Beginning February 25th, the SiTV network, founded by Jeff Valdez, the producer of "Brothers Garcia," began offering exclusively Latino programming in English language, with a particular appeal to the rapidly emerging young Latino market, ages 18 to 38.

While noting the numerous Spanish language television stations around the country, Mr. Esparza stressed, that what makes the SiTV network "unique is the all English format."

Because, if you look at who we are, "much of the immigrant population may prefer Spanish language television, but, the Latino youth across the country get their entertainment in English, going to see Hollywood movies, and they really don't like (Spanish language TV.) The Latino youth don't think it's the same quality, and it isn't the same quality," said Mr. Esparza.

"So SiTV will be the first channel to change that. It's not about language, it's about culture." When questioned whether he ever wanted to produce Spanish language films, Mr. Esparza replied, that "My (entire) career has been in Hollywood, as part of the mainstream. In order to change the image of Latinos, you've got to be in Hollywood.

If you are making programs in Venezuela, Puerto Rico or Mexico, that doesn't really impact the image of Latinos in the world. The only thing that impacts on the image of Latinos around the world is Hollywood."

Otherwise, Gregory Nava, a UCLA classmate, "would not have created American Family, or George Lopez the George Lopez Show, that are giving a new image the rest of America and the rest of the world."

The entertainment executive proceeded to diverge briefly on an historical rumination, noting that much of the culture that went into producing the great western movies of John Ford and others, derived from Mexico, specifically citing the language, such as Lasso and Rodeo, as examples of the impact of Hispanic culture.

While acknowledging the importance of Hollywood, Mr. Esparza conversely admitted that technology has changed the nature of the movie business, removing many of the "barriers" to making films.

"The wonderful thing about the digital equipment is that anyone who has talent, with very little money, can now demonstrate that talent with a short film."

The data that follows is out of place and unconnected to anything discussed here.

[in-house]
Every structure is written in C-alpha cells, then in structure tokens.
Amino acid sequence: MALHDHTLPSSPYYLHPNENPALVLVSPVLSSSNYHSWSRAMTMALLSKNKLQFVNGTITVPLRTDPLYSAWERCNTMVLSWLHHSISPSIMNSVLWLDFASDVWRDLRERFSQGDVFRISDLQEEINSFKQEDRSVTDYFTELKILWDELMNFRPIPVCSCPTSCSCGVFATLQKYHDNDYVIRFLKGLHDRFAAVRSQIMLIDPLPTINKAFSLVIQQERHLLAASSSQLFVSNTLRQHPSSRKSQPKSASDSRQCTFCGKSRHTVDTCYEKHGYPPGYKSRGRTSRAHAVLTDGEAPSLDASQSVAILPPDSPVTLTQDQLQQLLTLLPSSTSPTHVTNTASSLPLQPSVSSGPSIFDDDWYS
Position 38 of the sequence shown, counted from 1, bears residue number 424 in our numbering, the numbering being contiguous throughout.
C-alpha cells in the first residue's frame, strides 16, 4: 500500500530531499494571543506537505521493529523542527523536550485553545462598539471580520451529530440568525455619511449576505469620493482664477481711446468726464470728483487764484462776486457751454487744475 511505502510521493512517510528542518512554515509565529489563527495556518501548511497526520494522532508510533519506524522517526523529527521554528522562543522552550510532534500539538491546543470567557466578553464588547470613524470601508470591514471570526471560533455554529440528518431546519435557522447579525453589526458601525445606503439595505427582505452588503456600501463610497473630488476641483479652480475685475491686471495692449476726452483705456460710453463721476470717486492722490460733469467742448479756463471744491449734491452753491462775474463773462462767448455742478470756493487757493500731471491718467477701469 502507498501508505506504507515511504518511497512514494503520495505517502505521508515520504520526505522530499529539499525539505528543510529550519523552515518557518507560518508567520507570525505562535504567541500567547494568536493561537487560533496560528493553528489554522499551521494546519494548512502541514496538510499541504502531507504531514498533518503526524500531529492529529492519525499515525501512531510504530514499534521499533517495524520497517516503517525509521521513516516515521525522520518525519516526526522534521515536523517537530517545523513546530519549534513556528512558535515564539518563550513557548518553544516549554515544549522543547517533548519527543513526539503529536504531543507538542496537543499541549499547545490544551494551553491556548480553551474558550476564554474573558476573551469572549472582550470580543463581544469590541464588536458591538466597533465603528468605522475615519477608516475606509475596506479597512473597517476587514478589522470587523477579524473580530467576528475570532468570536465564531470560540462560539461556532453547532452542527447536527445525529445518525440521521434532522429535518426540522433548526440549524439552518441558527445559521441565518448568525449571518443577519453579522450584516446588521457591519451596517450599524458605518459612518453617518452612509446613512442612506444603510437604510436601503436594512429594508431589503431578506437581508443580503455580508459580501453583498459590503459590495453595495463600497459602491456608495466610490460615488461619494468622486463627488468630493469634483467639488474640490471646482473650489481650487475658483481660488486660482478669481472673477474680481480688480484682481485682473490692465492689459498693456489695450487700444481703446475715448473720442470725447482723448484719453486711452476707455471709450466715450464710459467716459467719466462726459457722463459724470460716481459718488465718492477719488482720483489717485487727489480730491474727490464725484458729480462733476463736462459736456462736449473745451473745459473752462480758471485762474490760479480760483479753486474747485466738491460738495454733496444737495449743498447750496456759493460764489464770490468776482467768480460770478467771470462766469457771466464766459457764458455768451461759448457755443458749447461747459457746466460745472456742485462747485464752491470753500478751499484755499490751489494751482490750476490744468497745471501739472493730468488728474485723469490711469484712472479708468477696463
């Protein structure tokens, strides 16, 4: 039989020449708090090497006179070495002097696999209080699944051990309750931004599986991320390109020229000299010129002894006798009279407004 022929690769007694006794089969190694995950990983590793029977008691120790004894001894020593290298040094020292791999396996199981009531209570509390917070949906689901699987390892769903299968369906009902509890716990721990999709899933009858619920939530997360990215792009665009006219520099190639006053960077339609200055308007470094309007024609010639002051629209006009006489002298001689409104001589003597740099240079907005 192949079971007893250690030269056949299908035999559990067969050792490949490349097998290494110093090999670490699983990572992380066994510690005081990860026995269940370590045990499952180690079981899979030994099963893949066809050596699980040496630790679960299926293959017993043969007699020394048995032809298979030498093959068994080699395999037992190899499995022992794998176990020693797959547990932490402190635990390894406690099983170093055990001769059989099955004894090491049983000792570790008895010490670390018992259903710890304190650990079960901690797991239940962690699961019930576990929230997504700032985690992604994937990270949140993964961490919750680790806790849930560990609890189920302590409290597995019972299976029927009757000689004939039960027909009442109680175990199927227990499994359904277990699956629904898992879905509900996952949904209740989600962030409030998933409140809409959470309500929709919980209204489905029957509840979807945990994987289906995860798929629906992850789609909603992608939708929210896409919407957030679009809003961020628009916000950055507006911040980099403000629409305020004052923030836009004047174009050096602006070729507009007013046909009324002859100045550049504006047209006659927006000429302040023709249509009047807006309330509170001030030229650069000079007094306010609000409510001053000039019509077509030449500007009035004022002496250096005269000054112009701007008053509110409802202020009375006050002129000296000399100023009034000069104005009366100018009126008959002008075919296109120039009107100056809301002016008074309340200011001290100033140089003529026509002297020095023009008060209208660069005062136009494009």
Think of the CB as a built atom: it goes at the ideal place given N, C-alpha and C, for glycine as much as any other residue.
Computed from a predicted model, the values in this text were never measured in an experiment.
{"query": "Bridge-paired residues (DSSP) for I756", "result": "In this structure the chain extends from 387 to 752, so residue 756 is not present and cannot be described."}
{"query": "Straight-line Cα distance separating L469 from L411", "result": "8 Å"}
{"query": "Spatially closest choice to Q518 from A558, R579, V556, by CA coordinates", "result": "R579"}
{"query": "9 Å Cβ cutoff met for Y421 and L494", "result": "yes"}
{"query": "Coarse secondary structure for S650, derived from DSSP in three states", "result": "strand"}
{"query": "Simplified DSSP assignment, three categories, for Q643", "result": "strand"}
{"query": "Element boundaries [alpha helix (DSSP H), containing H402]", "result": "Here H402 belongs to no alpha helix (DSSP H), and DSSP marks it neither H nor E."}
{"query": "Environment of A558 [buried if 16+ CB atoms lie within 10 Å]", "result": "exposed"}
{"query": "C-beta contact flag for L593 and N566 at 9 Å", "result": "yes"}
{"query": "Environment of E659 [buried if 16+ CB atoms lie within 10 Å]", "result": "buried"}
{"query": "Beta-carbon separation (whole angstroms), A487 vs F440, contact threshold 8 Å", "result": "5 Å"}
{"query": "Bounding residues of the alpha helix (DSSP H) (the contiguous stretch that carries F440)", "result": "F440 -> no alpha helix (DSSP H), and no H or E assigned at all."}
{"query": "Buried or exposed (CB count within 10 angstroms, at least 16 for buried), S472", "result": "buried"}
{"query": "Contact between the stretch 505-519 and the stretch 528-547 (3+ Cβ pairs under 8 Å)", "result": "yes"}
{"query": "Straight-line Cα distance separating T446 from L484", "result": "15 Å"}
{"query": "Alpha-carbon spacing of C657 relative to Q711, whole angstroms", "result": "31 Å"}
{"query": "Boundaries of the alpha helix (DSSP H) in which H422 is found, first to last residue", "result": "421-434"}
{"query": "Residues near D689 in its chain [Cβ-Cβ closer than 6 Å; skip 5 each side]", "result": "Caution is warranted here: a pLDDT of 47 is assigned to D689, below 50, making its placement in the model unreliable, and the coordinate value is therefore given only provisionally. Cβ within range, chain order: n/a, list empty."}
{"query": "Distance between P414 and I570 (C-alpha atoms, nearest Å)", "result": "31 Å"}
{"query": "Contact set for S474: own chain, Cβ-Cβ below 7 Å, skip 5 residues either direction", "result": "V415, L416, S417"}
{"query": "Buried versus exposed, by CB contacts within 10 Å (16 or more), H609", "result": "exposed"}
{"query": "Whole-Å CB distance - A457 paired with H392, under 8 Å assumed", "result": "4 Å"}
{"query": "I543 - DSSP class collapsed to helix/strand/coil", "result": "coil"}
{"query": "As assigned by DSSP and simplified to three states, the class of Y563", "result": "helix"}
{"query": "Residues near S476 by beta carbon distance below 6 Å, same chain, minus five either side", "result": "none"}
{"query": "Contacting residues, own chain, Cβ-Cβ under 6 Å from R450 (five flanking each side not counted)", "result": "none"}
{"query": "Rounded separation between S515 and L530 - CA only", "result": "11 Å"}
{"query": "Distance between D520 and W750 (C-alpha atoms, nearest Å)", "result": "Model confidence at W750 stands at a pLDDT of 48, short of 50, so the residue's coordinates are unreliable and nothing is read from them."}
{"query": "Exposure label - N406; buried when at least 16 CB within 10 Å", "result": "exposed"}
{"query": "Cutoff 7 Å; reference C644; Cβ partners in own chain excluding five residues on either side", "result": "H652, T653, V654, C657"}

Among the many organizations established by the producer, Mr. Esparza is especially fond of the work performed by the National Association of Latino Independent Producers (NALIP).

With their national Conferences and local educational initiatives, the organization provides Latino producers, directors and writers- from twenty- six states, as well as from Puerto Rico, Mexico and Canada- an opportunity for "networking, showing their work and making friendships," said Mr. Esparza.

"The conferences enable a director to find a writer, or a producer to make contact with a network executive." In urging Mr. Gonzalez and Mr. Leon to form a local chapter of NALIP in Philadelphia, Mr. Esparza explained, "This is why we created NALIP, with the focus on getting things done and getting films made."

With NALIP providing tutelage, Mr. Esparza allowed that local filmmakers would have a better grasp of the basic elements of "how to get things done." A recent participant in NALIP's local week of training in Tucson, Arizona, Director, Mirtha Vega praised it, said "I feel inspired and armed with a wealth of knowledge."

"We need to start doing our own thing," Tony Leon agreed. Along with producing, Mr. Esparza is involved in developing multiplex theaters around the nation, that would reserve one screen for Hispanic movies, similar to Latino theaters of the 1930's-60's.

Again, Mr. Esparza turned to the lessons of history, recollecting the pivotal military and financial role of Latinos from Puerto Rico, Mexico and Cuba in supporting the American revolution, asserting, that "The United States would not exist were it not for that economic and military support."

"Our ancestors have as much claim on the creation of this country" as anybody, he said. Adding, "How would our children feel (to learn) that we are responsible for (the birth of) this country?"





About Jim Smith:
Free Lance Writer. Originally published in El Hispano Philadelphia.